In The Politics of Autism, I discuss the day-to-day challenges facing autistic people and their families. Those challenges get far more intense during disasters. And coronavirus is proving to be the biggest disaster of all.
A Philadelphia Eagles release by Chris McPherson:
"Everyone wants to be on that road to normalcy," says Eagles Autism Foundation Executive Director Ryan Hammond.
While the increased distribution of the COVID-19 vaccine provides a light at the end of the tunnel after one of the most difficult years of our generation, there is a group of people on the sideline whose voices and needs have not been heard in the sprint to return to a pre-pandemic lifestyle – the autism community.
A recent study across several hundred health care organizations in the United States concluded that individuals on the spectrum are at a substantially increased risk of contracting COVID-19. Shouldn't the vaccine alleviate those concerns? On the surface, yes, but individuals with autism are not able to wait in long lines at distribution centers or wear masks and maintain a safe social distance at a pharmacy. Even if those with autism are eligible to receive the vaccine, roadblocks are hiding that light at the end of the tunnel.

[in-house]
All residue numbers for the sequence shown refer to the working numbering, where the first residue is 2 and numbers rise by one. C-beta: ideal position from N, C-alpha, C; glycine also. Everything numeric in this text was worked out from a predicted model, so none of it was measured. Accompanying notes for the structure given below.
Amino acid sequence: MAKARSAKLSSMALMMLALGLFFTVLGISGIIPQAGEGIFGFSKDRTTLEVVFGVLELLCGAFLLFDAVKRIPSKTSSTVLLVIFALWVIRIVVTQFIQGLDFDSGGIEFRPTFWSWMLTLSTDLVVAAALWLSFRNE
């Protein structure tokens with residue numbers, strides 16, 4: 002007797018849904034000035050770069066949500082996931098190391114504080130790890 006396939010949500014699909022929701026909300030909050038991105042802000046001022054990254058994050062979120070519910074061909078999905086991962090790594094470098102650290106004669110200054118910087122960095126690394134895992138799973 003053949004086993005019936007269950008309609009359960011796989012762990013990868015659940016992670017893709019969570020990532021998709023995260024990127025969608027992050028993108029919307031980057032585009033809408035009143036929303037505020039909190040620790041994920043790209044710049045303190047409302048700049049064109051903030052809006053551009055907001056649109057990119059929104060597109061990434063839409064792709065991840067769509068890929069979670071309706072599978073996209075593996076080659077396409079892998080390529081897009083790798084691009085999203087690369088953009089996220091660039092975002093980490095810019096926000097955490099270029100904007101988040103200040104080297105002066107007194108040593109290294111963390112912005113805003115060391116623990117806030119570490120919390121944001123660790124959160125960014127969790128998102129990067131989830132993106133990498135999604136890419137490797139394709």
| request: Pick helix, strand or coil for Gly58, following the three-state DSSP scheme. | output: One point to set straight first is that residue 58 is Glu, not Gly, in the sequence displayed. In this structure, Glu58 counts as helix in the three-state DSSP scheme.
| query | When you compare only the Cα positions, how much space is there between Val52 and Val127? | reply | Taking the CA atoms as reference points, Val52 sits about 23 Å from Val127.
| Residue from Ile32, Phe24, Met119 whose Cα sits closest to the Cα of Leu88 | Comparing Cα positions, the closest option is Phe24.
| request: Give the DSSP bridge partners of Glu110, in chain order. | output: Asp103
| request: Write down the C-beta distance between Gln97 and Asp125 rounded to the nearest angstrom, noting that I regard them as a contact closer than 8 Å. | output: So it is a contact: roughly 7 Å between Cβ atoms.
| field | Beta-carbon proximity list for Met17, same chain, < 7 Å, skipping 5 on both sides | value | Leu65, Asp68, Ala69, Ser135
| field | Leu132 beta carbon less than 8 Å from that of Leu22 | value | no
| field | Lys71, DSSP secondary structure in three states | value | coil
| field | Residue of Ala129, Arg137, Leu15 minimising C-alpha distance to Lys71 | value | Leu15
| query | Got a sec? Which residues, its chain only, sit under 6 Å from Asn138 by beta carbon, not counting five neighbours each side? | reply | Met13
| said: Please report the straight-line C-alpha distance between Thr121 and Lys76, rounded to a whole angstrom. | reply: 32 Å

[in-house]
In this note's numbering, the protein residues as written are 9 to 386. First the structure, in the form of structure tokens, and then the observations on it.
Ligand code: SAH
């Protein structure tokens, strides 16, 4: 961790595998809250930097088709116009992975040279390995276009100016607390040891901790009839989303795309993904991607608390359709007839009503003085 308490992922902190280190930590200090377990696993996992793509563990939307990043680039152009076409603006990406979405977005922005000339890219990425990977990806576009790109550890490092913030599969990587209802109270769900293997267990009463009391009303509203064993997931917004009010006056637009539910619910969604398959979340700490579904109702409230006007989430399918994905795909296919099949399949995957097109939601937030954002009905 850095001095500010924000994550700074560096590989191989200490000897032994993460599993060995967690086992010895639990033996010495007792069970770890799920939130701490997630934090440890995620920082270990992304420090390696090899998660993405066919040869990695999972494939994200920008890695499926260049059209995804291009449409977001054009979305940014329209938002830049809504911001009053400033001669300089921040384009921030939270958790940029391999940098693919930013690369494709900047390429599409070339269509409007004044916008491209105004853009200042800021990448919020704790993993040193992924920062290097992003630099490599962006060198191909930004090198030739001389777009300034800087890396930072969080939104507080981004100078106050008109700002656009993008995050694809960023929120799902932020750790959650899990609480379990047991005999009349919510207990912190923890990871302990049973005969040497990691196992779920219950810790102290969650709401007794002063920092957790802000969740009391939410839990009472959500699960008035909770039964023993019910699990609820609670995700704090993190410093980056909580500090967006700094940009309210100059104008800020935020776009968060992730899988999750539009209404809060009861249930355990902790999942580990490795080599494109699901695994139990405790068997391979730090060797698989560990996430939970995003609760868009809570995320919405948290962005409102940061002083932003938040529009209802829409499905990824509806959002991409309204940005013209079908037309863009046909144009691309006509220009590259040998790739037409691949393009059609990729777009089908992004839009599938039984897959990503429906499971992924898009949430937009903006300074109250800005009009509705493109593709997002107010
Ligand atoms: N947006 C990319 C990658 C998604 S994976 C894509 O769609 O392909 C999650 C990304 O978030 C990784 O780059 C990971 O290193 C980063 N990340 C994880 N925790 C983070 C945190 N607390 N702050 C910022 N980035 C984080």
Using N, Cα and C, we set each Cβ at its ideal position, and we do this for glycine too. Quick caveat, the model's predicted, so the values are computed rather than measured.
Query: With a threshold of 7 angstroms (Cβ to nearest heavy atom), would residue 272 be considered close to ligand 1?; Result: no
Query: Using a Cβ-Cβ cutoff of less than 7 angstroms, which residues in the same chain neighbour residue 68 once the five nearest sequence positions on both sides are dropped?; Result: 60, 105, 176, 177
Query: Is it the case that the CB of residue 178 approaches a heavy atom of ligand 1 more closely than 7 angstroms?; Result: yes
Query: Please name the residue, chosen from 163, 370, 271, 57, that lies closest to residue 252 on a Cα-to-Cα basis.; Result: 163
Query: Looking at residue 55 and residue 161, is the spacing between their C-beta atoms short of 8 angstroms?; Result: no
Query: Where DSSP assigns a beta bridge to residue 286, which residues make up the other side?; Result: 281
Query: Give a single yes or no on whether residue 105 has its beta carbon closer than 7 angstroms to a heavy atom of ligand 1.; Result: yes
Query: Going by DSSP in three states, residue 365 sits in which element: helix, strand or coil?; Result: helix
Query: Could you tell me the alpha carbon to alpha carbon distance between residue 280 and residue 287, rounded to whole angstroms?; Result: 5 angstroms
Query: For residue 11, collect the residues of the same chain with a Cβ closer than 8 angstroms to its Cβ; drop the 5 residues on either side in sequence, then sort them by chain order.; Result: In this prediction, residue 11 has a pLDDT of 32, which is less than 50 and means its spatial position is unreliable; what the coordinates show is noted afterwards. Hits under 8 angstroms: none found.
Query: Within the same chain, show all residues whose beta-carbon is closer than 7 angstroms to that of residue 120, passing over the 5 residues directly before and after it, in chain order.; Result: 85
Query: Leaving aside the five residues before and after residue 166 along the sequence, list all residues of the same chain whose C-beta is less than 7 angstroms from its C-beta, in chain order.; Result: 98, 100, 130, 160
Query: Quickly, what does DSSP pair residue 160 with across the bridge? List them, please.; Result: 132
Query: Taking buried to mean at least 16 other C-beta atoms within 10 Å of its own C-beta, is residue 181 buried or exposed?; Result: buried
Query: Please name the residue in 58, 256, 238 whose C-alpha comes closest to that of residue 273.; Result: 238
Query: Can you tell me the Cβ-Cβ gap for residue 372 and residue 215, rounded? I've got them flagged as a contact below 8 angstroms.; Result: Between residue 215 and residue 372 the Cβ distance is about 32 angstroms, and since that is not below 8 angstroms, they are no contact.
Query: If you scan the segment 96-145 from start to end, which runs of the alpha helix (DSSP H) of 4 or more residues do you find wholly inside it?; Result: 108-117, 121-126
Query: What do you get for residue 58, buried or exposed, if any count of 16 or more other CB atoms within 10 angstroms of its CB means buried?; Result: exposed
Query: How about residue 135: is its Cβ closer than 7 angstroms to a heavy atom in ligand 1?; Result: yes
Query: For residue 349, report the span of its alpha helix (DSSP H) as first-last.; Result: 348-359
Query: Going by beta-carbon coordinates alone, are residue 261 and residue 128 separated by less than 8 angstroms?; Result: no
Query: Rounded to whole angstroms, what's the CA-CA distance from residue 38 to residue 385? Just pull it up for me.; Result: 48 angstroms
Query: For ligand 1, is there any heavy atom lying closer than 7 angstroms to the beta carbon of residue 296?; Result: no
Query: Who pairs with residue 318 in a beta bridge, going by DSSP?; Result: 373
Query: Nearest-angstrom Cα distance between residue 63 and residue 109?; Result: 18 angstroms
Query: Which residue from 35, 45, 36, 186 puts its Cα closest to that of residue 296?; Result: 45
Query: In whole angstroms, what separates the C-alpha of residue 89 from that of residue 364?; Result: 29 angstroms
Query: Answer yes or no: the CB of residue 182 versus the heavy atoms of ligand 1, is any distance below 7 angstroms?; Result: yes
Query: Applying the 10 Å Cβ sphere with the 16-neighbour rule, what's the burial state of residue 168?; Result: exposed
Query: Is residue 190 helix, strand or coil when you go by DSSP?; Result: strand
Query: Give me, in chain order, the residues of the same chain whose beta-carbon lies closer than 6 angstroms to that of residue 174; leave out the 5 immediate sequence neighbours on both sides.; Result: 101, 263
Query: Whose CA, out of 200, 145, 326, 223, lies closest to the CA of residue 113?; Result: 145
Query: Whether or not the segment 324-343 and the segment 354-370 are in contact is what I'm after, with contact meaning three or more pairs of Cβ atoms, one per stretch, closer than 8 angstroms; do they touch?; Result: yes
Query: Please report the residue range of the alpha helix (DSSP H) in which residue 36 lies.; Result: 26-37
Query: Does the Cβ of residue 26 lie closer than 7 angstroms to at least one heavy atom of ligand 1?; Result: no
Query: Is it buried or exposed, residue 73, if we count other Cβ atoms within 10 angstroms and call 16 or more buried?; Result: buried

On Saturday, the Eagles Autism Foundation provided hope for those on the spectrum by hosting a vaccination clinic at Lincoln Financial Field in partnership with Divine Providence Village. More than 1,000 vaccinations were administered as the Eagles Autism Foundation provided a sensory-friendly environment featuring a visual schedule, story-based intervention, and quiet rooms for all eligible members.